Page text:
Predicted relative probability of sun bear presence in Tabin Wildlife Reserve, Sabah, Malaysia, based on remote camera data collected during surveys in 2012–2013 and 2017. Predictions from seven logistic regression models were multiplied by their respective AICc weights and summed to obtain model-averaged probabilities. Model covariates included distance to nearest road, elevation, human density, percent natural forest cover and survey. For models that included the survey covariate, we averaged predicted values for the two equations representing each of the two survey periods. Tee et al. (2021).

Sun Bears were found to be most present in areas away from roads, at higher elevations, and with lower percentages of natural forest cover. However, the degree of elevation present in the Tabin Wildlife Reserve is limited, with the highest parts, in the centre of the park, only reaching 571 m above sealevel, and the elevation falling to 20-100 m at the reserve's boundaries. Higher elevation was also closely correlated with terrain ruggedness, although the correlation between Bear-presence and terrain ruggedness, was much lower than that for elevation. Tee et al. suspect that the correlation between Bear-presence and elevation may actually reflect some variable not measured in their study. In particular they note that the flora of low-lying areas within the reserve is relatively uniform, but that tropical forest floras often vary considerably with even small changes in elevation, which may suggest that the Bears may be responding to the availability of some resource, such as food or cover. Bears were also found to be found in areas with lower levels of natural cover, although this measure appeared to have been skewed by the activities of Bears in the boundary areas, with those Bears detected here being predominantly detected close to the boundaries with Oil Palm plantations, 

Tee et al. had a higher detection rate for Sun Bears than previous studies carried out at other reserves in Sabah. This was particularly notable for the baited sites, but also true of the sites from the 2012-13 Rhino survey, which Tee et al. take to indicate that Sun Bears are present at higher densities in the Tabin Wildlife Reserve than in other reserves in Sabah, which in turn probably relates to the size of the reserve, which preserves a larger fragment of forest that any other reserve on Sabah, all of which are impacted by the spread of Oil Palm plantations.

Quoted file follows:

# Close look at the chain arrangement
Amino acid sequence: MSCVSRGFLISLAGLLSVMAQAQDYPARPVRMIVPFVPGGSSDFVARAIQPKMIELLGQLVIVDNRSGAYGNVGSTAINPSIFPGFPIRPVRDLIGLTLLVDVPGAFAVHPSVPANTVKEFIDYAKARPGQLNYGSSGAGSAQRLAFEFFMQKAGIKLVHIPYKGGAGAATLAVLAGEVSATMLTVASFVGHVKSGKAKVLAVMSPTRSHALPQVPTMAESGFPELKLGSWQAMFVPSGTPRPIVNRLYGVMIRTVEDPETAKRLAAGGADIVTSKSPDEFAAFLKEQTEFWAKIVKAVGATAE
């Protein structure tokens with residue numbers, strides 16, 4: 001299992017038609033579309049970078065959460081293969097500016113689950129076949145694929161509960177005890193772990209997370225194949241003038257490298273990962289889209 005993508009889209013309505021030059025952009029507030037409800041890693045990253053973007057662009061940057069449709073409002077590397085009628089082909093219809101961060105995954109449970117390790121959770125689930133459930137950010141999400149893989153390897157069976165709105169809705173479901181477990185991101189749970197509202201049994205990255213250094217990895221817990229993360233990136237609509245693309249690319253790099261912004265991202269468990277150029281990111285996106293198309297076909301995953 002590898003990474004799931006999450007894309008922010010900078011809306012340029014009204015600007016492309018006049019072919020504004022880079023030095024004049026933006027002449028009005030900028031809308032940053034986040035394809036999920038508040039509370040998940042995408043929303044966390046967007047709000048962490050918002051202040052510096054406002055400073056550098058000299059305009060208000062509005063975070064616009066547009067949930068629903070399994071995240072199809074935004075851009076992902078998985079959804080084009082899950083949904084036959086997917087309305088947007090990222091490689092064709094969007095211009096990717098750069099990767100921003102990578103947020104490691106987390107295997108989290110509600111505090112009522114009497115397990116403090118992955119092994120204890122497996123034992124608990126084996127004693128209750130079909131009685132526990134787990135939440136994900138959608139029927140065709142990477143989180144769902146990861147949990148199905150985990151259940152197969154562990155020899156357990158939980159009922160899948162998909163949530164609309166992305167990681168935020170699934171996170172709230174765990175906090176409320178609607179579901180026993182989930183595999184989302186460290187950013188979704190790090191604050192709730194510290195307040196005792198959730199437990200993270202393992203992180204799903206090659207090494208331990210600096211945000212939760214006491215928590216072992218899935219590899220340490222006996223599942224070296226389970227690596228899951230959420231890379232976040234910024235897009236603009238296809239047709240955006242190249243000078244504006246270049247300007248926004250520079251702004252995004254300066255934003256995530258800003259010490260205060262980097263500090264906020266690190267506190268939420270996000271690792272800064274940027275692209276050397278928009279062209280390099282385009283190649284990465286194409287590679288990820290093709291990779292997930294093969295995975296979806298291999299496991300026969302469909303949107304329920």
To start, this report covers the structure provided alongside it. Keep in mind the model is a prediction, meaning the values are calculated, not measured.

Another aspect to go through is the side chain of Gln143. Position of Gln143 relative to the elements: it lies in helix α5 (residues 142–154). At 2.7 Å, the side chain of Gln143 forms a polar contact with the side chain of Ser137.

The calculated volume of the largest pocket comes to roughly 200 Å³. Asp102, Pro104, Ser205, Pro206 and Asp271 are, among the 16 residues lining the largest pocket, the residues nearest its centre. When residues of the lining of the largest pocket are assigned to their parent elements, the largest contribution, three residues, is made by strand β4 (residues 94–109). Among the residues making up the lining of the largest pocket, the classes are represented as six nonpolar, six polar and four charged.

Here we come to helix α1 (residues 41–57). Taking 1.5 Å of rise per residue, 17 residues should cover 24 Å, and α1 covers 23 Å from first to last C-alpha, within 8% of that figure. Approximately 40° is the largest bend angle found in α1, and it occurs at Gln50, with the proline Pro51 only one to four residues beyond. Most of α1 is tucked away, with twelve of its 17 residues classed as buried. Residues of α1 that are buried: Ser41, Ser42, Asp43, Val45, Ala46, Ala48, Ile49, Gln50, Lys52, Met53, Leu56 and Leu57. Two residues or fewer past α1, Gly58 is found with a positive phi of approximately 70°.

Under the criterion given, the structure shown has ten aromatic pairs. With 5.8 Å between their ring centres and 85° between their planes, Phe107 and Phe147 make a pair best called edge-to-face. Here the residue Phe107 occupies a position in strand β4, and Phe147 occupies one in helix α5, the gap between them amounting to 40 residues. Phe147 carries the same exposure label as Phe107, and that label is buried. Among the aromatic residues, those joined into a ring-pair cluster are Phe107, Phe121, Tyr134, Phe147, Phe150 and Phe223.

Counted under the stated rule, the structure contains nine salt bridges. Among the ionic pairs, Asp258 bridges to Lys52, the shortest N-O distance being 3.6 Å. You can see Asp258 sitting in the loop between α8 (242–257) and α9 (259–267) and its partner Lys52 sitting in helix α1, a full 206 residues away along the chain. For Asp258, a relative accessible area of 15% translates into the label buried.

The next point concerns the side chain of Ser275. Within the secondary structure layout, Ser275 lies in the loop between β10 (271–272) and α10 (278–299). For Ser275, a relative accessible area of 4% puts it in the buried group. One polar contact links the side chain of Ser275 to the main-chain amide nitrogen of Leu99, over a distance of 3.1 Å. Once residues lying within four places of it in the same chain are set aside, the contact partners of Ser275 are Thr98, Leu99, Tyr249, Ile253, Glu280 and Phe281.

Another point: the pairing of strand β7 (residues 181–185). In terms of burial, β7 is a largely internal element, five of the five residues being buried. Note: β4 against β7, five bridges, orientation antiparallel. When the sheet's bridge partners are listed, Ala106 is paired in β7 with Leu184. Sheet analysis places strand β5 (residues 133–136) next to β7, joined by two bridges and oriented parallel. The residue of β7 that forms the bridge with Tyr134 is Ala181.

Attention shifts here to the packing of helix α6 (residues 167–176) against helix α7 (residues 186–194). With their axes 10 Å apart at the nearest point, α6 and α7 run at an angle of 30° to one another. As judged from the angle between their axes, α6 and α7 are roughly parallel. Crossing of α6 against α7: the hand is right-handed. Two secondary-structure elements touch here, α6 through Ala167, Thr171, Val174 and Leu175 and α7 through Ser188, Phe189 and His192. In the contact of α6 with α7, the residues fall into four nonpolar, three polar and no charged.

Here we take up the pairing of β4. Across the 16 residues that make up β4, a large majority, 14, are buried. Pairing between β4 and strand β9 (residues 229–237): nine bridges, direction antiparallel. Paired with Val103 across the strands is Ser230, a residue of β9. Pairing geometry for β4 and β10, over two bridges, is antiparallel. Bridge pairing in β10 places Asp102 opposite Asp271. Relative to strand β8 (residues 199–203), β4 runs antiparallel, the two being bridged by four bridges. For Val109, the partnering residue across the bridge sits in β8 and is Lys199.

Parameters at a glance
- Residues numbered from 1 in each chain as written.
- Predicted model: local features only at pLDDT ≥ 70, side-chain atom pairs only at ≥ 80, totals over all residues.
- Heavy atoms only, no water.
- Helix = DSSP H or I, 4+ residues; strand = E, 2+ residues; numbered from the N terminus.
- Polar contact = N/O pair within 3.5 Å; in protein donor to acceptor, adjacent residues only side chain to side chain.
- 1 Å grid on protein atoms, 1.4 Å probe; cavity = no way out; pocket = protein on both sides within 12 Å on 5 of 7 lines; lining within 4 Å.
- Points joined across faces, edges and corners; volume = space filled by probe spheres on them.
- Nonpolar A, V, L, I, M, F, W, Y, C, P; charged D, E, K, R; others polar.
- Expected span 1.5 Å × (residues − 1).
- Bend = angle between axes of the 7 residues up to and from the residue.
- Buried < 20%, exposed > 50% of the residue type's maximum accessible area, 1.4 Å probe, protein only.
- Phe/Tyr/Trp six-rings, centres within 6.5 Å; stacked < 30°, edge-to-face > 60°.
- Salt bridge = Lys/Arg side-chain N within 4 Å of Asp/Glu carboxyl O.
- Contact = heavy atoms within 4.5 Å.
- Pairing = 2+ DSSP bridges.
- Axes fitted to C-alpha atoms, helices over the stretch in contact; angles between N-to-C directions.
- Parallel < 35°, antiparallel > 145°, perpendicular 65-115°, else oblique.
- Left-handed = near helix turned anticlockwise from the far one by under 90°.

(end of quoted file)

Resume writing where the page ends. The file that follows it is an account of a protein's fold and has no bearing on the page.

The greater activity of Sun Bears during twilight hours in boundary areas of the reserve is almost certainly an indicator of crop-raiding activities by these Bears, with previous studies having indicated that such crop-raiding is almost exclusively nocturnal, with Bears returning in the forests during the day. Bears appeared only to venture close to roads in areas where this was associated with access to Oil Palm plantations, with Bears generally avoiding roads in the interior of the reserve. 

Overall, Tee et al.'s findings are consistent with previous studies, which have found that Human activities, and in particular the spread of Oil Palm plantations, have had a strong negative impact upon the lives of Sun Bears, and that the species will tend to prioritise avoiding contact with Humans above all other activities, including foraging for food.

Studies of other Bear species have detected a similar aversion to roads, with Sloth Bears, Melursus ursinus, in Sri Lanka, having been shown to avoid areas with roads completely, and Brown Bears, Ursus arctos, avoiding roads with high traffic levels and Human settlements in general. Bears are intelligent Animals, and can modify their behaviour to accommodate Human activities, but the presence of roads is strongly associated with rises in Bear-poaching and other forms of Human-Bear conflict, which have a negative impact on Bear populations. This is of particular importance for the Tabin Wildlife Reserve, where there is no control on access from roads abutting the reserve, nor any form of anti-poaching precautions in place. Poaching in the area is known to be highly profitable, with poachers targeting both protected Animals and Plants (such as the Agarwood Tree, Aquilaria spp.). Tee et al. photographed groups of armed poachers within the reserve on three occasions, all within 1 km of a plantation road. 

Malaysia is the world's second largest producer of Palm Oil, and Sabah produces about 27% of the country's total output. Unsurprisingly, Sabah is also a global deforestation hotspot, with 15 000 km² of Oil Palm plantations, out of a total land area of 74 000 km². This expansion of Oil Palm plantations has been accompanied by an expansion of the infrastructure which supports such activities, most notably roads. In an area such as the Tabin Wildlife Reserve, which is surrounded by plantations and roads on almost all sides, simple passive protection of species such as Sun Bears (i.e. declaring these species to be protected and hoping people will comply with this) is unlikely to be effective, and a more robust species protection plan will need to be put into place if these Animals are not to go extinct. Any such species protection plan needs to be built upon studies of hunting and poaching in the area, and the responses of Bears to Human activities, and include rigorous anti-poaching measures and formal partnerships between locally-based non-governmental organisations, local ecotourism resorts, plantation stakeholders and local communities.